Your validation documentation could look something like this:
Where Do Software Solution Providers Fit In?
As a research site, unless you build your own customized research automation software, you probably have little or no control over the requirements, development methods, testing, and other documentation associated with the software you use. Most software packages are cloud-based and require little or no configuration on the site’s part. Research sites then must rely on the software vendor to complete the lion’s share of the computer software validation effort and evidence set.
For instance, the Q Consent electronic consent platform offered by Quorum is 100% cloud-based, requires minimal configuration on the part of the end user, and has no localized installation of software or hardware. All major parts of the validation evidence set necessary to demonstrate compliance with Part 11 and the FDA’s guidelines on computer software validation are completed by the Quorum development team. This leaves only a few site-specific pieces for the site’s risk-based computer software validation and Part 11 compliance plan (e.g. training, local security issues, etc.). Quorum provides its Q Consent customers with a letter from a third-party auditor affirming its software is Part 11 compliant.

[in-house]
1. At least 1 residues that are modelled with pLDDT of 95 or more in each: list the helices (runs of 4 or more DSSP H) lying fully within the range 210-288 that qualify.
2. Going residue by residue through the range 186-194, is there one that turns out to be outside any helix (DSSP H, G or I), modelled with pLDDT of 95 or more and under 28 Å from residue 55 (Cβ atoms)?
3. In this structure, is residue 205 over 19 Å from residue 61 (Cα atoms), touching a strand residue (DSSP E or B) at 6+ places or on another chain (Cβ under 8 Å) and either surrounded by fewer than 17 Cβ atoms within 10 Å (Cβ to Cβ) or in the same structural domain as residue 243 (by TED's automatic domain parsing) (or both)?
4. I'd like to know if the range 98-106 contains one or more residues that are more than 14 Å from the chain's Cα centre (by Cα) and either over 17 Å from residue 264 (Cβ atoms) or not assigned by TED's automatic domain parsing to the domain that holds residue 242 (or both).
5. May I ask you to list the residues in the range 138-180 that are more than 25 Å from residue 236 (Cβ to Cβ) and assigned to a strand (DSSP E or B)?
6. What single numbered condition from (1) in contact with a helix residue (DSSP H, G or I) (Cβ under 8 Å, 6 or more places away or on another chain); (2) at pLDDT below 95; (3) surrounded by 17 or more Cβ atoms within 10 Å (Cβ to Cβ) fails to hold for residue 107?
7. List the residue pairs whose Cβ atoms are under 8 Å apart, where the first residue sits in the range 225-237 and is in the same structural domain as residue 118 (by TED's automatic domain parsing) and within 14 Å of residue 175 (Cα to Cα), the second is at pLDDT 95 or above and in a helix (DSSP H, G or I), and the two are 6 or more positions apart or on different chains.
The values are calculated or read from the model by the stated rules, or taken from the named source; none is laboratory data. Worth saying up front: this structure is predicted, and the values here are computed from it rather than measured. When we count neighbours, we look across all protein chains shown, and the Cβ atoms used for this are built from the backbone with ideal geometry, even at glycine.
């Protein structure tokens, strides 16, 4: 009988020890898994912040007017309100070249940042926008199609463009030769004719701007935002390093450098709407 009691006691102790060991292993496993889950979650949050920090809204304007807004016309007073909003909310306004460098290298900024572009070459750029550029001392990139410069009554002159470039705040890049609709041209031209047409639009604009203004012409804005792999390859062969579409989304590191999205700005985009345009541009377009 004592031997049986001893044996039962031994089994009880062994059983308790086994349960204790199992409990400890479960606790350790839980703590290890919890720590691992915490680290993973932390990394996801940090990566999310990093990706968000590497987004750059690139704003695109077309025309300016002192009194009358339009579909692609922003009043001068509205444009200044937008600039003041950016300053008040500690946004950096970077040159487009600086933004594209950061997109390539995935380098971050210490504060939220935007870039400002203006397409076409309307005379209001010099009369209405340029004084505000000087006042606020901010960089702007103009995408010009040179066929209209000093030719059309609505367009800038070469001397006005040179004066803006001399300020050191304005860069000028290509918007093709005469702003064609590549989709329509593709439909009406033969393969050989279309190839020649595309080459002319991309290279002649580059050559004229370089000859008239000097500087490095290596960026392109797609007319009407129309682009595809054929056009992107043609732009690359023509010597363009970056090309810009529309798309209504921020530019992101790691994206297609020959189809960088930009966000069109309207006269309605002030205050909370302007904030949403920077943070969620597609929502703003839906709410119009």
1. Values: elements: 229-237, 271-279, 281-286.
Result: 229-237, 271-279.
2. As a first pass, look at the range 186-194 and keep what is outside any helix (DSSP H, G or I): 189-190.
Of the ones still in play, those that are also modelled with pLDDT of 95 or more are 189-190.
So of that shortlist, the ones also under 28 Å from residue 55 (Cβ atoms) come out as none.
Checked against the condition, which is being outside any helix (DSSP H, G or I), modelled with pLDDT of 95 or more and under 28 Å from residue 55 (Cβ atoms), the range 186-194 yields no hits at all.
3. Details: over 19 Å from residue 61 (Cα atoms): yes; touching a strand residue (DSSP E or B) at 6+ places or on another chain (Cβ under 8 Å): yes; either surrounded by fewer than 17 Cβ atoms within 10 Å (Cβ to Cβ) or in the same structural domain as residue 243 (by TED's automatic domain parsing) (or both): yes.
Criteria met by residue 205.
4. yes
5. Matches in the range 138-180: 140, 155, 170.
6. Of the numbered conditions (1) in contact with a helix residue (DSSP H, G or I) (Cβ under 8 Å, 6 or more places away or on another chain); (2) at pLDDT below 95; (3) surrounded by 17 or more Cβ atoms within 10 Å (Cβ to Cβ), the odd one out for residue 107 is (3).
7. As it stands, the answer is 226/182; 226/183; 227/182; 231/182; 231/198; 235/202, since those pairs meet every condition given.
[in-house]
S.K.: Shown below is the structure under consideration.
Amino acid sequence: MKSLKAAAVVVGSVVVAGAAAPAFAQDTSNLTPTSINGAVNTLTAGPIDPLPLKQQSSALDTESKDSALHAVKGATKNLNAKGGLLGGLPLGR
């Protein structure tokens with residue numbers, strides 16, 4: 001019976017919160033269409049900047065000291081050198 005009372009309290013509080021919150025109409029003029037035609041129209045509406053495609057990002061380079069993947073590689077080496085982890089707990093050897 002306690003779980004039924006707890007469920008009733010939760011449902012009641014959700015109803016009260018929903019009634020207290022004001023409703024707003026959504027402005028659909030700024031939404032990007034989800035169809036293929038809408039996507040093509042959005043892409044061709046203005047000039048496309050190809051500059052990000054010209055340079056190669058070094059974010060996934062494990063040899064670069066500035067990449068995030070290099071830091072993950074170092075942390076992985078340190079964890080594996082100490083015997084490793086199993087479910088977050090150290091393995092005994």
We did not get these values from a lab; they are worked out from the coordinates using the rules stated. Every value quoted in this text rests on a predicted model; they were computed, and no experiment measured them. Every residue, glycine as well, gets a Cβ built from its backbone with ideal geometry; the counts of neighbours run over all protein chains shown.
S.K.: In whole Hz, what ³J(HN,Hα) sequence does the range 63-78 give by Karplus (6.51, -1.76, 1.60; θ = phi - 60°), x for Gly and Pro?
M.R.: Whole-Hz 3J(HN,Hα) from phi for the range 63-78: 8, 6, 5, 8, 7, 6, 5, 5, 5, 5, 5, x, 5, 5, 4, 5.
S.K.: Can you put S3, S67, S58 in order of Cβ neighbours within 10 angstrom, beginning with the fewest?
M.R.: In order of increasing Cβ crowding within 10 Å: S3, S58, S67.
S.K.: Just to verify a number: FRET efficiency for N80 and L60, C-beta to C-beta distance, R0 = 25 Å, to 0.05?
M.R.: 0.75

Why Is an Independent Third-Party Attestation of Part 11 Compliance Important?
FDA Draft Guidance from July 2017 makes it clear that research organizations can rely on attestations from software vendors that their software systems are developed to Part 11 standards and ready for final validation by the end user. FDA has also made it clear in previous software validation guidance that it is the responsibility of the end user to verify the Part 11 compliance status of their vendors. It is important to have peace of mind that your vendor is doing things right! Many sponsors and research sites require their vendors to produce an attestation of compliance performed by an independent third party separate from the software solution provider.
A third-party attestation provides the end user with additional assurance that a given software vendor is indeed compliant with the regulations, and their software was developed following the principles of software validation as required by FDA.
Kinetiq provides independent assessments for Part 11 compliance.
Check out our recent case study highlighting how
CRIO, Inc. utilized our service to secure
a third-party attestation of compliance.
A good risk-based computer software validation plan will leverage these attestations of Part 11 compliance and put any system with a third-party attestation in a lower risk stratification. This can substantially reduce the amount of local computer system validation needed.
If you don’t have a risk-based computer software validation strategy, SOPs, or plan, you need one before you start utilizing electronic records subject to FDA predicate rules. If you do have a Part 11 compliance program in place, review your vendor qualification procedures to make sure you are taking advantage of the FDA guidance that allows you to rely on statements from the vendor about their compliance status. Above all, be absolutely sure your vendors are compliant—after all, the FDA will be showing up at your doorstep, not your software vendor’s, to audit how you are using all those new automation systems.